Are the risks from concussions and head trauma overblown? That's what a study published in February seemed to say. Boston Public Radio hosts Jim Braude and Margery Eagan talked to medical ethicist Art Caplan on Wednesday about the concussion debate, the hits pro athletes rack up over their careers, and about how the sometimes-maligned WWE has moved to protect its athletes and discourage racism in its ranks.

The following questions are paraphrased, and Caplan's answers are edited where noted [...].

There was a study published — of which Dr. Joseph Maroon was a part — that seemed to indicate concussions aren't as dangerous as we've come to know them to be. What?

Caplan: [Maroon] found that perhaps concussions aren’t as bad as we think we are. Through a long series of tests he basically said, "You know, everybody’s freaking out about concussions, and if you really monitor what the outcomes are you’re gonna find that things perhaps aren’t as bad as popular opinion has it."

He failed to mention that he’d been the team neurosurgeon for the Pittsburgh Steelers since 1981, and medical director of WWE since 2008. Those are clear conflicts of interest, and would cast doubt on his findings, right?

Caplan: If you’re on the payroll for a sports team […] you have to report to ownership, you’d get evaluated by coaches, you’d probably get some feedback about how you’re doing from the players, and the goal there is to keep everybody on the field and win, not to sit you down, or not to get you out of the game.

I think in sports — both at the college and the pro level anyway, where it would be affordable — the team doctors should report to report to a league-mandated board of doctors who are separate from the coaches, separate from the owners. They do the evaluations of how the individual team docs do. In other words, you have an independent panel that evaluates you and re-hires you. You don’t get re-hired by the team or the owner for saying, “Yeah, half our guys aren’t able to count backwards from a hundred, but we did win.”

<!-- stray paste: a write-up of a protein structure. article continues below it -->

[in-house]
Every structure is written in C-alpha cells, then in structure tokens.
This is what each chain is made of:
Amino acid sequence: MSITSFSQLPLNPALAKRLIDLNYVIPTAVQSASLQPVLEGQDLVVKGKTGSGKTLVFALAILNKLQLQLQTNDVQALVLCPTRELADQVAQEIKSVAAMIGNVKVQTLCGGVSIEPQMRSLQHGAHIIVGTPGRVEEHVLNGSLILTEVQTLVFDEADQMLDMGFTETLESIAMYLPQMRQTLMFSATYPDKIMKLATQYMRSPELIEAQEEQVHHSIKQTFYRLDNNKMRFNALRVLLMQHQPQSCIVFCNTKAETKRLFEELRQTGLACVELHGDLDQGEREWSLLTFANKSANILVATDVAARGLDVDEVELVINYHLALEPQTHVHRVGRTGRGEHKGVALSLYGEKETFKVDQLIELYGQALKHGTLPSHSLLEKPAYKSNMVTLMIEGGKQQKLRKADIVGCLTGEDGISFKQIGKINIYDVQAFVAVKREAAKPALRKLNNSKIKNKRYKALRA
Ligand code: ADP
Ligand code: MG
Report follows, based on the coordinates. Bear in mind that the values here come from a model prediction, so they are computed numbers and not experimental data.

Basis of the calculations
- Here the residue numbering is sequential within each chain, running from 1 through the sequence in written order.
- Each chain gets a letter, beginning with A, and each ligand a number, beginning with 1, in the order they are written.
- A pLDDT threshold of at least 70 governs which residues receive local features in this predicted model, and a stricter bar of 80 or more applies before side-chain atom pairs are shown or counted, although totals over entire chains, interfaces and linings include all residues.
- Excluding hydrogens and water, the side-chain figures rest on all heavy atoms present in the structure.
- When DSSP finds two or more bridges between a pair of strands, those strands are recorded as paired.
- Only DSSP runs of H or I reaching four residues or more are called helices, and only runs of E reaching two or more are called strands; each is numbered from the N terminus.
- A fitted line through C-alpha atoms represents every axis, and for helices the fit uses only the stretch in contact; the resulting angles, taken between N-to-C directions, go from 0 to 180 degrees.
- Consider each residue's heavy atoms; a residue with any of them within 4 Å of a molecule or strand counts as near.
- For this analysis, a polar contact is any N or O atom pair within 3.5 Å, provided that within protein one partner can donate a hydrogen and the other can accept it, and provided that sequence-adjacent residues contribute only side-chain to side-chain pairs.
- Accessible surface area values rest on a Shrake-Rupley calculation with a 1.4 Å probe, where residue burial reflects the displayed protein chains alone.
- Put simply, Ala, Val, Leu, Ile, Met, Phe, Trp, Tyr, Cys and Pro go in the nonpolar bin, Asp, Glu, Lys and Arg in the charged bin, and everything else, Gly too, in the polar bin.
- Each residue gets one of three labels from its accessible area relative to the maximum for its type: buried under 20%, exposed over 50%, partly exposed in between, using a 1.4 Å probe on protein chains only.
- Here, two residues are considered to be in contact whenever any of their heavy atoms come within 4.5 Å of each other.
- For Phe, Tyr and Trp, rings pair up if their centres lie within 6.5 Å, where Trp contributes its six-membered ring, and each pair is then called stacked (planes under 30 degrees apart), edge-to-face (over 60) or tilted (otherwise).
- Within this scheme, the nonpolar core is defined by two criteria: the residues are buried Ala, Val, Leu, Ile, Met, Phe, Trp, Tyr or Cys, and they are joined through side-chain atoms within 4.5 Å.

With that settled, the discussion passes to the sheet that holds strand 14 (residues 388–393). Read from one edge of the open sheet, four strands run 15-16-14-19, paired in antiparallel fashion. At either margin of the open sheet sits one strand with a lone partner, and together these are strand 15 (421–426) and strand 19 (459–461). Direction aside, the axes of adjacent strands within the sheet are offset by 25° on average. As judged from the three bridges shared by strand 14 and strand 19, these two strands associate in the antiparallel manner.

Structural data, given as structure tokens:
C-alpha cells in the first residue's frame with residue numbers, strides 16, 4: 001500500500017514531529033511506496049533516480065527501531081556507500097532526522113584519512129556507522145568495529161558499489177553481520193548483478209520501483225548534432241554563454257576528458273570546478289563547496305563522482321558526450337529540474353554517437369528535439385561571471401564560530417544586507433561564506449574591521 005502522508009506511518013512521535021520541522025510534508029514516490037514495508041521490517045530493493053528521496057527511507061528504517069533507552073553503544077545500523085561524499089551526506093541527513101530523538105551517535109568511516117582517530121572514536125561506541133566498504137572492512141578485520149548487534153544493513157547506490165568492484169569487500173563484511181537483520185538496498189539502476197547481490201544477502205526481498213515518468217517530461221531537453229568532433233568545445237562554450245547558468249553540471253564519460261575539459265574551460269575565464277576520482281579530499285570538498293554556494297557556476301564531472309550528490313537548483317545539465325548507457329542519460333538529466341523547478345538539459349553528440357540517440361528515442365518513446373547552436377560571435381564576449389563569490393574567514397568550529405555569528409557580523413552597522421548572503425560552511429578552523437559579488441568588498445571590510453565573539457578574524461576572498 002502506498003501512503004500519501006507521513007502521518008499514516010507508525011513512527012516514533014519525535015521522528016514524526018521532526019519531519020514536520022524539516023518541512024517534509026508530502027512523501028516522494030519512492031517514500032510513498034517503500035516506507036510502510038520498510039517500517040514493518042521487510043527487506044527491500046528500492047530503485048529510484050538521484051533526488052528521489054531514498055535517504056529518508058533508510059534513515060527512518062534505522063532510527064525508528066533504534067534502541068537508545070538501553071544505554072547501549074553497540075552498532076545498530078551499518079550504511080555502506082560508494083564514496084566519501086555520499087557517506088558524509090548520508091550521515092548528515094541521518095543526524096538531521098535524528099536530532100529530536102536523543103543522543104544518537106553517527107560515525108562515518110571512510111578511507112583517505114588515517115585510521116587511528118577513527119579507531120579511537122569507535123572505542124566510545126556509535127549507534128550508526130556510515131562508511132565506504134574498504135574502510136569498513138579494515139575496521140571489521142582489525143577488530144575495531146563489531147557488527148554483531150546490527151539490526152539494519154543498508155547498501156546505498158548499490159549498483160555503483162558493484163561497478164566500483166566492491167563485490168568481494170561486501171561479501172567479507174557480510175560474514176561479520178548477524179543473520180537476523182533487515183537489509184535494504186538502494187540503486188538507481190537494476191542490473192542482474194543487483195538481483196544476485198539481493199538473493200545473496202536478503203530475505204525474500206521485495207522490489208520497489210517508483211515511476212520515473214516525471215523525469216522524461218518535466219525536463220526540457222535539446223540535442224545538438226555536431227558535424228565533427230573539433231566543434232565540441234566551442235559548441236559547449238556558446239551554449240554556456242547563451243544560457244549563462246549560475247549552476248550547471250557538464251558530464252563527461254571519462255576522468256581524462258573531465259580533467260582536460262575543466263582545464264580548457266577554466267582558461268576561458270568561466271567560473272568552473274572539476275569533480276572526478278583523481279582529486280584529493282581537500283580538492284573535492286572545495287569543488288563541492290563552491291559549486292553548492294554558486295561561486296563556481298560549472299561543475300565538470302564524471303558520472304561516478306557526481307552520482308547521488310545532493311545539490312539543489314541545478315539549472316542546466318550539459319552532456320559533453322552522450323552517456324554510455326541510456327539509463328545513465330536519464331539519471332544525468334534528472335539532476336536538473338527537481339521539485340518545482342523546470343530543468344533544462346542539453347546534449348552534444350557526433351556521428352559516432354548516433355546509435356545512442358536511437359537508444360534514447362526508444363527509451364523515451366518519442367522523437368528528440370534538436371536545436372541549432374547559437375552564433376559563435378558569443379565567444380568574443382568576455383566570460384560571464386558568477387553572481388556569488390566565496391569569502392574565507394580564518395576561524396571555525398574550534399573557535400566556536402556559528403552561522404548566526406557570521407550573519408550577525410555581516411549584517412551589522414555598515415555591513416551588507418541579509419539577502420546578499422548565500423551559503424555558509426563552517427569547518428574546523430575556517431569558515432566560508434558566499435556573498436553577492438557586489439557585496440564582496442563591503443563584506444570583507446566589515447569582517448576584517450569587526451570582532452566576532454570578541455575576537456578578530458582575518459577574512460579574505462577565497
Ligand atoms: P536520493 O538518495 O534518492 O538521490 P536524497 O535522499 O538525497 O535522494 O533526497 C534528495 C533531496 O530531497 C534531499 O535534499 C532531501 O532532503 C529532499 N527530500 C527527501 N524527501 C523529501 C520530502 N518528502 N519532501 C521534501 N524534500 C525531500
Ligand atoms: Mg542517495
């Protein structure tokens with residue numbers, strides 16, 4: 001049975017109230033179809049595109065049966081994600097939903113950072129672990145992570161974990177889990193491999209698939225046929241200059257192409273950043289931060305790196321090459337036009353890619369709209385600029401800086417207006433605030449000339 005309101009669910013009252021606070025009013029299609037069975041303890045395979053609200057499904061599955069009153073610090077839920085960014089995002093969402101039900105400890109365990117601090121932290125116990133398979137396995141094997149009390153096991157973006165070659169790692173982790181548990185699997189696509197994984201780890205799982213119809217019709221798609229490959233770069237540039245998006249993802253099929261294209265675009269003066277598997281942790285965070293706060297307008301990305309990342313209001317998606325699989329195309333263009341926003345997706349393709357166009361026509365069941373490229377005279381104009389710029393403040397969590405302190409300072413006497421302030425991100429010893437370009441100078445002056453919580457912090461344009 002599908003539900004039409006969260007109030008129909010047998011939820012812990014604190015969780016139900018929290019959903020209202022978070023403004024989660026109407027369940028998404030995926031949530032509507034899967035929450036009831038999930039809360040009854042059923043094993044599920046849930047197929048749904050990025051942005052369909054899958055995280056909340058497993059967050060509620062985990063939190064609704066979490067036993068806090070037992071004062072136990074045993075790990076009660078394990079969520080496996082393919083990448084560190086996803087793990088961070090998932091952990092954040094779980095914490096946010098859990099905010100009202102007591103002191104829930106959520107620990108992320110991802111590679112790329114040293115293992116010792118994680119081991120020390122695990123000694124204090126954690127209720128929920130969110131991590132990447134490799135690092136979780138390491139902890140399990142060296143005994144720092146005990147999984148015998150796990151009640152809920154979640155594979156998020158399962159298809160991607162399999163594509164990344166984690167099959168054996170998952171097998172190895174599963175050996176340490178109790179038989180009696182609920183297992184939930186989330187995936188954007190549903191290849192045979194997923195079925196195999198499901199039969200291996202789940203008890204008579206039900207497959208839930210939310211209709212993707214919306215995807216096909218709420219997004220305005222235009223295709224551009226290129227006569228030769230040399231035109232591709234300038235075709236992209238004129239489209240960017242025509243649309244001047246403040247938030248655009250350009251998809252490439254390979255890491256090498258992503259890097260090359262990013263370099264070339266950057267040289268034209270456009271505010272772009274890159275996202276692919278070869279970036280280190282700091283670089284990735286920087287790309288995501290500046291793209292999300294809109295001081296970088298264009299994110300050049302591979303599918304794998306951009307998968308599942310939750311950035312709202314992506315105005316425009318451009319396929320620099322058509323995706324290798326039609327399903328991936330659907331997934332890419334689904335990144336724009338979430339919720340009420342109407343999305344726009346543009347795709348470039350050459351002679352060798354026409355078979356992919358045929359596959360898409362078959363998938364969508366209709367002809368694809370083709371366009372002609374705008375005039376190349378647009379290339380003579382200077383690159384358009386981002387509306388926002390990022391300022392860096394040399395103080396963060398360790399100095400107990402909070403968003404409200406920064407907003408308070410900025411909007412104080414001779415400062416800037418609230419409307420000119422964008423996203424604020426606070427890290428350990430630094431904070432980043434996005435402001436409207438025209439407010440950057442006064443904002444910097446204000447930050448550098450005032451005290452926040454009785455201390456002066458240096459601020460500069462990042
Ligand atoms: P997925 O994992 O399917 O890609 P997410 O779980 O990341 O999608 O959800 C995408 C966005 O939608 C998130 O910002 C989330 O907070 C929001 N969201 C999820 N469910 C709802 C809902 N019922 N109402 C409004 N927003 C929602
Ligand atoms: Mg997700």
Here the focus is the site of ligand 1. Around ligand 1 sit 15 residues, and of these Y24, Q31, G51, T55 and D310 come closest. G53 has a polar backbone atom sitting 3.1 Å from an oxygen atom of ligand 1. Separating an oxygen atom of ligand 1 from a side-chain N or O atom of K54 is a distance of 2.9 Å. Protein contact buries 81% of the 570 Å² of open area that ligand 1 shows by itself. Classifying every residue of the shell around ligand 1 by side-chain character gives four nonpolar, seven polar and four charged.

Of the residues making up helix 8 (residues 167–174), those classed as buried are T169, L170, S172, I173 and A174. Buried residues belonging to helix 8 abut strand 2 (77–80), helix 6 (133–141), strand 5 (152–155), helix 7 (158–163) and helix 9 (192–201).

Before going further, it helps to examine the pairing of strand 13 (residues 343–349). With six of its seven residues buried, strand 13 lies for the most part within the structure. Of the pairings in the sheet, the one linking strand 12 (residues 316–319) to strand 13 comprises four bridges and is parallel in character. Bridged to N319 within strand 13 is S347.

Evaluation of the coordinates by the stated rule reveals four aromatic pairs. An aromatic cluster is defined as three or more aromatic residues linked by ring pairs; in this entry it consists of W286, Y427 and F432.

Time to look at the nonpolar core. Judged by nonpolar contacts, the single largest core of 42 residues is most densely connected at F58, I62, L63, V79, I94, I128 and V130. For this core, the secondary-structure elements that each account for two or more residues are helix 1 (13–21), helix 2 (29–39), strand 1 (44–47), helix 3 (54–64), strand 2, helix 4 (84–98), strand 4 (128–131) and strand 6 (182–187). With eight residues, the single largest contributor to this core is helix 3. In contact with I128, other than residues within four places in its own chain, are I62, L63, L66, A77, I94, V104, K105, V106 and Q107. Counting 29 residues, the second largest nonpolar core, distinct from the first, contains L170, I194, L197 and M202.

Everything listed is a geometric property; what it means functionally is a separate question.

Junior Seau killed himself at 43, and it’s thought he had a traumatic brain injury that could have led to depression and ultimately his suicide. At his Hall of Fame induction ceremony, the NFL is preventing his daughter from speaking to the crowd – she’ll only be shown on film. Is this ethically okay?

Caplan: I think the NFL can do whatever it wants. […] I don’t think they want any attention to how he died, the possible contribution of head trauma to his suicide. I don't know if the connection is there, I really don't. It's certainly worth exploring, and not letting his daughter speak, to me, is just the height of ethical indifference.

Seems like WWE is being very proactive about concussions. They’ve been honored by the Sports Legacy Institute here in Boston, which specializes in traumatic brain injury. What do you think of the organization's progress? And before that, what do you make of their dismissal of Hulk Hogan over his racist comments?

Pro wrestling is a great exhibition, and a wonderful way to learn the rudiments of ethics. There was always a 'heel' or a bad guy, and the good guys had to struggle. But good wins out over evil if you hang in there!

Caplan: Really disappointing, you know. As a little kid I loved wrestling. New Englanders will remember Killer Kowalski, Bobo Brazil and the “coconut head-butt,” which we wouldn’t allow today, it’s probably concussive. It’s a great exhibition, and a wonderful way to learn the rudiments of ethics. There was always a “heel” or a bad guy. And the good guys had to struggle, but good wins out over evil if you hang in there. I believe that’s the moral principles I still operate by today. [...]

He had some horrible things to say, including ample use of the n-word about another wrestler, The Rock. [...] I was shocked! This guy had stood for sort of the good things. He was the good wrestler, and you know, you get him out of character and there he is spouting racist garbage. WWE didn't argue about it, didn’t say, ‘Let’s see how the facts turn out.’ They just said, ‘Hulk, you're done,’ and they dropped him from the website, and they cut ties with him. I wish more pro sports and college teams would move that fast when racism or domestic violence rears their ugly heads. Whatever else WWE is, […] they understand their role in the community. [...] They are not going to put up with five seconds any of their wrestlers being racist. Good for them.

You were inspired to become a premiere medical ethicist because of your love for wrestling?

Caplan: I watched Haystack Calhoun, I listened to his thoughts I pondered his advice in life, and yes, I moved on to a career in ethics.